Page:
By Dr. Joti Samra, CEO & Founder of the Psychological Health & Safety (PH&S) Clinic and MyWorkplaceHealth
I’ve already failed at my New Year’s resolution (to lose weight – I’ve caved to my dessert addiction and gained a pound since January 1). I can’t stop kicking myself and feel like I will never be able to stop gaining. What can I do psychologically to help my willpower?
The start of a new year seems to be a perfect time to make changes in one’s life. About half the population makes New Year’s resolutions, with the most common resolutions relate to weight loss, exercising more, quitting smoking, and improving one’s financial situation. However, research indicates that by July, the overwhelming majority of individuals fail in sticking to their resolution or even remember what they promised to resolve.
First of all, keep in mind that you are not alone in both making a resolution and feeling you have failed. Second – and much more importantly – you are taking a very extreme view in your belief that gaining two pounds represents failure of your goal! You simply don’t yet have enough information to evaluate how you have done. So, you need to begin by putting the small amount of “weight gain” you have had in perspective, which likely amounts to nothing more than water retention.
Then, take the following steps to increase the likelihood of sticking to this, or any other resolution:
Pick an attainable goal
The goal should be something that, based upon the life you are living, is something that you can achieve.
Ensure that your goal is measureable. To change your goal, you will have to know where you are headed, and how to determine if you are getting/have gotten there.
Ensure the goal is realistic and time-limited. You may want to lose 30 pounds, but a realistic goal may be to lose 15 pounds this year and 15 pounds the following year. Set a specific period of time in which you will accomplish your goal. As you accomplish your time-limited steps, you can reward yourself for successes.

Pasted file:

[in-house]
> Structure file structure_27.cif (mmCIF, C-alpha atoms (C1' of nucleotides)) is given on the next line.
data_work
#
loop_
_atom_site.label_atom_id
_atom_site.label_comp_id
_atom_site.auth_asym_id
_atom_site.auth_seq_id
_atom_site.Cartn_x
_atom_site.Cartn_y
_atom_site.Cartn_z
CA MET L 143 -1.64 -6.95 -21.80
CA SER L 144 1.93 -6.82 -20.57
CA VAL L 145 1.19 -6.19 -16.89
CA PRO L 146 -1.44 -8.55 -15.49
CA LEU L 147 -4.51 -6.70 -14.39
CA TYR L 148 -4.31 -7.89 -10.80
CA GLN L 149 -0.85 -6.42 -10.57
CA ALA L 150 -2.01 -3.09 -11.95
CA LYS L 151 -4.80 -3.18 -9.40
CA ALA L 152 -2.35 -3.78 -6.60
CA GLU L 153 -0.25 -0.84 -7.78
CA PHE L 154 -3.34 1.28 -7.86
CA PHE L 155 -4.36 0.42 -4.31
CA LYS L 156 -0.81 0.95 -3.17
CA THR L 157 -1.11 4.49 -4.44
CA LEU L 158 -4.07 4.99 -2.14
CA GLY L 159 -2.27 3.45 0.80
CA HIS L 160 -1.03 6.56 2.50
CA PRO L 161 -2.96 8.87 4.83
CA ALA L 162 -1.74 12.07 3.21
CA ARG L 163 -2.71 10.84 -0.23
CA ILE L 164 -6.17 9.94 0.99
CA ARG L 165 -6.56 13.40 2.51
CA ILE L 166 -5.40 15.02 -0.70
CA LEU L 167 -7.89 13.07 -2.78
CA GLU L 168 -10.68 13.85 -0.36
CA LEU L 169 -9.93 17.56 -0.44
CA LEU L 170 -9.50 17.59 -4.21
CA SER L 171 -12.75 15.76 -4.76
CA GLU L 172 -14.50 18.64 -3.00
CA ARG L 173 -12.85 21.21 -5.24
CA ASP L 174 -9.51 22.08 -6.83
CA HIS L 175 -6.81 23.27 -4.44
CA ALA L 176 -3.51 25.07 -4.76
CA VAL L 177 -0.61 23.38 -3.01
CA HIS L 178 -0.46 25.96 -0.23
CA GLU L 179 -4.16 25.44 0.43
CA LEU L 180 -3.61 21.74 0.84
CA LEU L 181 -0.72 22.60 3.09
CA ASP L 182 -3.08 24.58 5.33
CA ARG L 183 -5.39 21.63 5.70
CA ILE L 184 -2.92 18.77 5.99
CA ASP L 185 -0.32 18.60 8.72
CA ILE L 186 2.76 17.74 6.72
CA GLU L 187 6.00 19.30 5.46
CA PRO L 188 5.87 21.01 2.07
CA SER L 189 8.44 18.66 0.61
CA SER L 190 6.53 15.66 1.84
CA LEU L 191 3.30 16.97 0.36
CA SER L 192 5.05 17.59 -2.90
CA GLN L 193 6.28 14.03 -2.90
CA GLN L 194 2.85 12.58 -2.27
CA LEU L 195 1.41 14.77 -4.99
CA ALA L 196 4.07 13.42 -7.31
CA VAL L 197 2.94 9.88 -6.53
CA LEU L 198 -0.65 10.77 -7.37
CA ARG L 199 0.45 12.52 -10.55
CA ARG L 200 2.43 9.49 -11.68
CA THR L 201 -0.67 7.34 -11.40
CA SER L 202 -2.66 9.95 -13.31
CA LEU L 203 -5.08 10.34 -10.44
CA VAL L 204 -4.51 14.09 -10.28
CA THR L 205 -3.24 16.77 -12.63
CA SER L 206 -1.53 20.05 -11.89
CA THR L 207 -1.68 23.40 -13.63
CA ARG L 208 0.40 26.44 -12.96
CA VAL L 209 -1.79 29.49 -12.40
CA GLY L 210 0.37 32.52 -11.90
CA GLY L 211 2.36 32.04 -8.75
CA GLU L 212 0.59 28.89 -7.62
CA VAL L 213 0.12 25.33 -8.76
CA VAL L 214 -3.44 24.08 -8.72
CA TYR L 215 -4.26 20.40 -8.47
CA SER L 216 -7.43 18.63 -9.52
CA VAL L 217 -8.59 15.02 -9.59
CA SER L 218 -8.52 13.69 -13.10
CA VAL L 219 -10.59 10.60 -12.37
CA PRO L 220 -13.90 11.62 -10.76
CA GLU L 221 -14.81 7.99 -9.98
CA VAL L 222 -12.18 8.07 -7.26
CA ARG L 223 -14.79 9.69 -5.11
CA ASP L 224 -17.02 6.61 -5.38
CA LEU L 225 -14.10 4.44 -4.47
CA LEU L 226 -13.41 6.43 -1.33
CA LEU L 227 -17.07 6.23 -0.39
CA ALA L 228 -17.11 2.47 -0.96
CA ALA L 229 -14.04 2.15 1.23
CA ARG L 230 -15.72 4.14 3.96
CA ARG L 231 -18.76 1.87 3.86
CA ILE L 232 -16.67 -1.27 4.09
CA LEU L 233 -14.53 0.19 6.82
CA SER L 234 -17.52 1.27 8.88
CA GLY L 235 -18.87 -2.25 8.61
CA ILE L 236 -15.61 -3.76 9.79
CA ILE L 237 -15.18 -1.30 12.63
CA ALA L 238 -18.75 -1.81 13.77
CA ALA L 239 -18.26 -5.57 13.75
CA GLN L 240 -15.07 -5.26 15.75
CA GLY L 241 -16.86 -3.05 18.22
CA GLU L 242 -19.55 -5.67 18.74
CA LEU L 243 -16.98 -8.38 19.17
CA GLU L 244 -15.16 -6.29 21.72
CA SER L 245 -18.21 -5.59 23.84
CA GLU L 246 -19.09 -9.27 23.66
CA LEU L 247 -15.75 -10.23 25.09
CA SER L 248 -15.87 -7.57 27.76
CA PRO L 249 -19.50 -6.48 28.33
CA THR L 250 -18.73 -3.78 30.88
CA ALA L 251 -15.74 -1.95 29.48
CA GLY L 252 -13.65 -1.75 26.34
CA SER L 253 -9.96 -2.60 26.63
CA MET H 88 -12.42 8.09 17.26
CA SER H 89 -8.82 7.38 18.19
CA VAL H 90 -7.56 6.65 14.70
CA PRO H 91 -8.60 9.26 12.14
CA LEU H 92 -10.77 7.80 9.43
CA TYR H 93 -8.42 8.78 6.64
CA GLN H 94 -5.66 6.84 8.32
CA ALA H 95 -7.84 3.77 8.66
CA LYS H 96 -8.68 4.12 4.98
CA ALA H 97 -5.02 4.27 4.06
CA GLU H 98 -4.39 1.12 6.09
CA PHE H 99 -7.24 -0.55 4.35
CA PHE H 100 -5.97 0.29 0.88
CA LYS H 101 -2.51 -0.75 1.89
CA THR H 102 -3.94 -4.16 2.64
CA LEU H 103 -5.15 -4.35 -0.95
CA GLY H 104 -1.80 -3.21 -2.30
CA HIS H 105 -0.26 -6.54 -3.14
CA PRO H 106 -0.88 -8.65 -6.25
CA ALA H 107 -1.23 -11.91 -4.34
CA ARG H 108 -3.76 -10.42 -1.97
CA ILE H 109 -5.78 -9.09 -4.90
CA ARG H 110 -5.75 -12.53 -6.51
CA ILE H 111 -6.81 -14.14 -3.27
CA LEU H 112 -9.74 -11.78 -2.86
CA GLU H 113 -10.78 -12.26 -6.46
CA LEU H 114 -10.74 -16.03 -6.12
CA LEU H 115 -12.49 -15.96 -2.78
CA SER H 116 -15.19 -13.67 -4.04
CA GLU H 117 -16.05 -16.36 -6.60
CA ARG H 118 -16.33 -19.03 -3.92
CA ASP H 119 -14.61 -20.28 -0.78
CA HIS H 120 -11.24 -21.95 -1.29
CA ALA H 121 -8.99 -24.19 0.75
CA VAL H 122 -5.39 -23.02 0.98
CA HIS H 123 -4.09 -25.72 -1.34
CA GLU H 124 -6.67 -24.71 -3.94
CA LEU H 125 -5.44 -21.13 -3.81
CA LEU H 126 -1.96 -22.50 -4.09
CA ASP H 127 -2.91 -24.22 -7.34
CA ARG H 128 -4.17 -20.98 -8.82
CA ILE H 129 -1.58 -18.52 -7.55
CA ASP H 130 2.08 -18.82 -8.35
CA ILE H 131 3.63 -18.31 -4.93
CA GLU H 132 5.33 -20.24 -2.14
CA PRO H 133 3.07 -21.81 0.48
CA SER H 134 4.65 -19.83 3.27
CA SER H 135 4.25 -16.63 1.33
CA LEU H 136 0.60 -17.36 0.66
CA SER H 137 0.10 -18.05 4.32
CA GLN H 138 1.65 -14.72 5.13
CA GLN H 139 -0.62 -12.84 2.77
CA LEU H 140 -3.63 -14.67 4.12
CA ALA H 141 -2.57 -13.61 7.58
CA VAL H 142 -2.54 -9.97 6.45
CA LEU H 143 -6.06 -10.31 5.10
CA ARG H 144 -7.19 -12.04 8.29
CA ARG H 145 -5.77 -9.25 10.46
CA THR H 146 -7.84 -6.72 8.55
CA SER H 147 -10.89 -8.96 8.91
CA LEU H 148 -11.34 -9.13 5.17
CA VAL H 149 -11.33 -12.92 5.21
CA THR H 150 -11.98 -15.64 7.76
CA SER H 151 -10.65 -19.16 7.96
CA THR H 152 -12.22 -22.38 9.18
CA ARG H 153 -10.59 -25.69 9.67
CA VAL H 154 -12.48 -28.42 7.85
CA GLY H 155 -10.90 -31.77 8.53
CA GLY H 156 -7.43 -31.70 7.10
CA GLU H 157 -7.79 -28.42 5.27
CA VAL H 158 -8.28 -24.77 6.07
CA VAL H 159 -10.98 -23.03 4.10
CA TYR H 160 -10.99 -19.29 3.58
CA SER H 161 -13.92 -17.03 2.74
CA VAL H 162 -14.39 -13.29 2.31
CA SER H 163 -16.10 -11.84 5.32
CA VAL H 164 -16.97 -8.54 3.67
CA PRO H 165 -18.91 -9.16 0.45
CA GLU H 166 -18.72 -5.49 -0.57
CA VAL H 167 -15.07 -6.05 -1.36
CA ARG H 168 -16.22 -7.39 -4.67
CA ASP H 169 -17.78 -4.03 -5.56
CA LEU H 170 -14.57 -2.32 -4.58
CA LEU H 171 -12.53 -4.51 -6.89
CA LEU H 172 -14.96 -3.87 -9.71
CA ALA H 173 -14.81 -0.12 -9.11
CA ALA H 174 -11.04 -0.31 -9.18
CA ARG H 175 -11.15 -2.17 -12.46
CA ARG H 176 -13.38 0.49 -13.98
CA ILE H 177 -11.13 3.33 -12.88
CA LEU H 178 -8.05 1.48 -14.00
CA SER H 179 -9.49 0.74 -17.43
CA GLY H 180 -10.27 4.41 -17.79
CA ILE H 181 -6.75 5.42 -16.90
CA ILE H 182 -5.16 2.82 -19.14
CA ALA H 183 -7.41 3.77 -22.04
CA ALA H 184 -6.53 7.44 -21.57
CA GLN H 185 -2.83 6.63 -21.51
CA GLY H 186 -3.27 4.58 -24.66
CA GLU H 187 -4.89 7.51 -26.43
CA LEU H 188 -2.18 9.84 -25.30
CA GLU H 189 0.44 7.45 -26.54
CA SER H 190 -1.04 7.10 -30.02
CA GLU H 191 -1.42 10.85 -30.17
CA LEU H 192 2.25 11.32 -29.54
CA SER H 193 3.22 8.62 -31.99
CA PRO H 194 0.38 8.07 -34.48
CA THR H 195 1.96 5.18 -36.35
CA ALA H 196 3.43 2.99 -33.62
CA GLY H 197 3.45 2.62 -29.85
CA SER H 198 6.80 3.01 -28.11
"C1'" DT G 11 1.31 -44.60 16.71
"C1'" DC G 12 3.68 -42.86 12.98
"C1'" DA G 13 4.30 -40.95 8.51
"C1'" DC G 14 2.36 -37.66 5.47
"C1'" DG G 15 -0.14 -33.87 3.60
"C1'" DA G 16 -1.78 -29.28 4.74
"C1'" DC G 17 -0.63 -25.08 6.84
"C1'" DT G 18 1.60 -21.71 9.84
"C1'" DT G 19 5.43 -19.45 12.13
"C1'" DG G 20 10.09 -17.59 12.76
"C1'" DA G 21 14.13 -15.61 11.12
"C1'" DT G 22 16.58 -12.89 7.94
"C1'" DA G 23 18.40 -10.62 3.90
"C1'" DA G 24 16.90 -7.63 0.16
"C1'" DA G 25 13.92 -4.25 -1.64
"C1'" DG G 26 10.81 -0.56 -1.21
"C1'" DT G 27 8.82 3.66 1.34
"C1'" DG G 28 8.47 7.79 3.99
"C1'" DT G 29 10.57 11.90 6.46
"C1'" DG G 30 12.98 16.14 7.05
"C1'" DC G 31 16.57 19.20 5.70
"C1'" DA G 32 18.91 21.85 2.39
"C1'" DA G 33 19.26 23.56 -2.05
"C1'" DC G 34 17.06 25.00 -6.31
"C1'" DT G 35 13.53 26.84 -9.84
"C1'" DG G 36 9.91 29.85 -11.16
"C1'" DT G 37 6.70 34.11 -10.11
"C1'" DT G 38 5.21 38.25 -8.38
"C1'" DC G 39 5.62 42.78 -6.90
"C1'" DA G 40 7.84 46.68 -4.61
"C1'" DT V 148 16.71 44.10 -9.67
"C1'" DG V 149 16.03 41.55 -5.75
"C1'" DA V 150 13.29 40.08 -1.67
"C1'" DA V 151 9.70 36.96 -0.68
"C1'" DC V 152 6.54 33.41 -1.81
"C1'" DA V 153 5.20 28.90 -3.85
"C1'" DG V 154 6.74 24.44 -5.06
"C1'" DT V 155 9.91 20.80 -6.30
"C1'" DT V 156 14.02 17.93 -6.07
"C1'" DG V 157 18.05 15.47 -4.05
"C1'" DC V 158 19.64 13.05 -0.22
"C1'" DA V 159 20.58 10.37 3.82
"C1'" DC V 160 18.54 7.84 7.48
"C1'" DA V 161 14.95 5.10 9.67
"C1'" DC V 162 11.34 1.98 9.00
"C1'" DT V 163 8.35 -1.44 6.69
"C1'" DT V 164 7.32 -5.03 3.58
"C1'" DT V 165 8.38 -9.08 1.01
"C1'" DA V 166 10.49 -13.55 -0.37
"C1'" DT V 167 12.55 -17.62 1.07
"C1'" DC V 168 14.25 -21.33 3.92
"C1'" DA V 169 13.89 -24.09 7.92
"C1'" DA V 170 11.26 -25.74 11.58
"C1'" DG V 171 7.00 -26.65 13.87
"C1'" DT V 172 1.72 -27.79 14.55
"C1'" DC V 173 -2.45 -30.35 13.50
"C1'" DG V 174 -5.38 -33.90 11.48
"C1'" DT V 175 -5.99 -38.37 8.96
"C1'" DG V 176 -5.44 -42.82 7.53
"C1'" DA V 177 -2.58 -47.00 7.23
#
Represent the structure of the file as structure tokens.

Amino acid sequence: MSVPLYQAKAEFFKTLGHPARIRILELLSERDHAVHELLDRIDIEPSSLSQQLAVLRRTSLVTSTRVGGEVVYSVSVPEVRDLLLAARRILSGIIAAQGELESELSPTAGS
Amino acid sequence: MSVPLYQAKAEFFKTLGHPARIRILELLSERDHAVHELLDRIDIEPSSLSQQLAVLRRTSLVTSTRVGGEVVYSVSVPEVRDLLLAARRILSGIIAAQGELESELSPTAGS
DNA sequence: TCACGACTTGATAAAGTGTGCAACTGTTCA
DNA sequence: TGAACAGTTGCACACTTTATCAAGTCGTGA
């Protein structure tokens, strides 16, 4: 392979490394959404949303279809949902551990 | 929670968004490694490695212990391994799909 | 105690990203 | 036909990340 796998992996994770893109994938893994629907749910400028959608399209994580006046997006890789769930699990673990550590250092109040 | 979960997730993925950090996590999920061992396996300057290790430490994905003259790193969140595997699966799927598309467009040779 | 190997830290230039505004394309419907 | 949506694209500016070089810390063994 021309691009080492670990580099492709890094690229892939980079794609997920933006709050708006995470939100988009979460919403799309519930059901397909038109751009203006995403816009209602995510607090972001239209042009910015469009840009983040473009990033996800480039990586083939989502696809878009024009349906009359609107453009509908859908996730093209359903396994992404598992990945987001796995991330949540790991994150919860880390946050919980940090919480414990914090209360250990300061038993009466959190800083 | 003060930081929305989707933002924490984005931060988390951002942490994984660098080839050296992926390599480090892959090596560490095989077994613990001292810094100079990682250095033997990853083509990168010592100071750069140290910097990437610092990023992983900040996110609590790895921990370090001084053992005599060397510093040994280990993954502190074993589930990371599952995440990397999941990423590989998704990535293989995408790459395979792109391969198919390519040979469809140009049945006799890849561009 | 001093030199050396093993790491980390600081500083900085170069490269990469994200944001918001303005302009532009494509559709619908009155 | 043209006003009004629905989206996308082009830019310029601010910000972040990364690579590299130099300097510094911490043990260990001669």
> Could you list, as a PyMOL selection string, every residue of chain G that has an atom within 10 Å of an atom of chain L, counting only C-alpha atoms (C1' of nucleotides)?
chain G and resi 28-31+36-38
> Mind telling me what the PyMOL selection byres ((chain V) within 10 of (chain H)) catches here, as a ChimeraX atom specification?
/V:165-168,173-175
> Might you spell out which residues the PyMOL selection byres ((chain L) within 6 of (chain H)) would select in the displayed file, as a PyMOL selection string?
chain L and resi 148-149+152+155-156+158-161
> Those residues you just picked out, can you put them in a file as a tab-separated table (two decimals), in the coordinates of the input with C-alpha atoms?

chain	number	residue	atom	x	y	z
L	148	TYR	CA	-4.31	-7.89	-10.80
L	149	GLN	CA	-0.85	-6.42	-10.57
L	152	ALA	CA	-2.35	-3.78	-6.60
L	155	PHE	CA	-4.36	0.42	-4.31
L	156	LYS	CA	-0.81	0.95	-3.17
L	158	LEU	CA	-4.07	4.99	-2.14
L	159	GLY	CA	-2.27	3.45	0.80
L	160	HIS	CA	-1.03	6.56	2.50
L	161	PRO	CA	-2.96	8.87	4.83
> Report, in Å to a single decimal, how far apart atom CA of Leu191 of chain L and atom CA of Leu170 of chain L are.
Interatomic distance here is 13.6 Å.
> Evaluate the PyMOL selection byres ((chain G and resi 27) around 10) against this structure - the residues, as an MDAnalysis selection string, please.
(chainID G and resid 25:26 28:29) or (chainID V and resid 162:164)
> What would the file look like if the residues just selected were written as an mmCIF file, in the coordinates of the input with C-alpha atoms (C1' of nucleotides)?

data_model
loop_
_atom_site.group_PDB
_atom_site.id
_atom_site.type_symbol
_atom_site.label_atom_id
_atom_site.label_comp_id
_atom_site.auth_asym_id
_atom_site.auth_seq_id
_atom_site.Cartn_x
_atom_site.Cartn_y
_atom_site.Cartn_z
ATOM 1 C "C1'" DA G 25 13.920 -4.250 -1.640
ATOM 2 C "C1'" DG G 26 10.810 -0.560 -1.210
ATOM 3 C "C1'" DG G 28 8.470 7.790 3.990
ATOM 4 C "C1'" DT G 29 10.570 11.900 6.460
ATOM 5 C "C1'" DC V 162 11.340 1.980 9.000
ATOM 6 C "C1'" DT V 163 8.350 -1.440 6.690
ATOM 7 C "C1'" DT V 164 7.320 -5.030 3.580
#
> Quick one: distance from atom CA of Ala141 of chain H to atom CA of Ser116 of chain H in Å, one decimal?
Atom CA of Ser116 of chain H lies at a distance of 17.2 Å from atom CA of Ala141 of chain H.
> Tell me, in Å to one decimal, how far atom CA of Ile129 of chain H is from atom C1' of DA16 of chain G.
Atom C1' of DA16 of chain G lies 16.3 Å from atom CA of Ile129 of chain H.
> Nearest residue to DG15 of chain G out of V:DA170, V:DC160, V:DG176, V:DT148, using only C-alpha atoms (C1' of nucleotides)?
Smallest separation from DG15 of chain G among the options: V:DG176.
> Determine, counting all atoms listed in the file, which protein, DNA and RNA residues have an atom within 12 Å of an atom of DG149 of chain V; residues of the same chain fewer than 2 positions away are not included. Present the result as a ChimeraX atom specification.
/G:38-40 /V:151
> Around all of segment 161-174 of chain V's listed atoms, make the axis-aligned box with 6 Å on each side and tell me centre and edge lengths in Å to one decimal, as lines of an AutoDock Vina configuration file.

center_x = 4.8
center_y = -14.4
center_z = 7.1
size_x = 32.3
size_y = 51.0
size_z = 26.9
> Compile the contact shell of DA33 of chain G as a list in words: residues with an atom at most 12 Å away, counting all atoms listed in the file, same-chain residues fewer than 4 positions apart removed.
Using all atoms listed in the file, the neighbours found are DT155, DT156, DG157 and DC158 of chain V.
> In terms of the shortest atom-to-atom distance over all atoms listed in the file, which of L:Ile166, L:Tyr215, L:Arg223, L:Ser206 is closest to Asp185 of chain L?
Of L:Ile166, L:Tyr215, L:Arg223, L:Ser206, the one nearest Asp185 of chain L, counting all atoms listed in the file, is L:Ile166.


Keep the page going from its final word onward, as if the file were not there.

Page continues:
Remember that small change is better than no change. Get supports as you start to make the change.
Anticipate setbacks. If you have tried to make this change in the past, what got in the way of the change being successful before? Problem-solve the barriers that you have encountered in the past.
Identify the pros of not changing the behaviour (this can often help you appreciate why the change has not yet happened). Identify the cons of changing (the reasons the change may be difficult to do).
Establish a specific contingency plan for each of the barriers you identify.
Obtain a baseline of your behaviour. Track your usual activity for a week. This can often help you to identify patterns in your day and help identify times when it would be easier to implement the change.
Be aware of the powerful impact that conditioning plays in activity and behaviour. Actively work to change habits that you may have gotten into that are not conducive to achieving your goal.
Approach behavioural change gradually. Make small, specific changes.
Make a schedule with yourself to build the activity into your day-to-day life.
Revisit & Revise
Do not get discouraged by setbacks. If you are not on track with the changes you identified, work to identify the barriers. Were your expectations too high? Was the specific goal you set too ambitious?
Revise your goal as necessary.
Expect & visualize success.
Set milestones that can help you track your progress. Ensure that you schedule in regular rewards for each milestone that you achieve.
Excerpted from Dr. Joti Samra’s “Ask the Psychologist” weekly column in The Globe and Mail.
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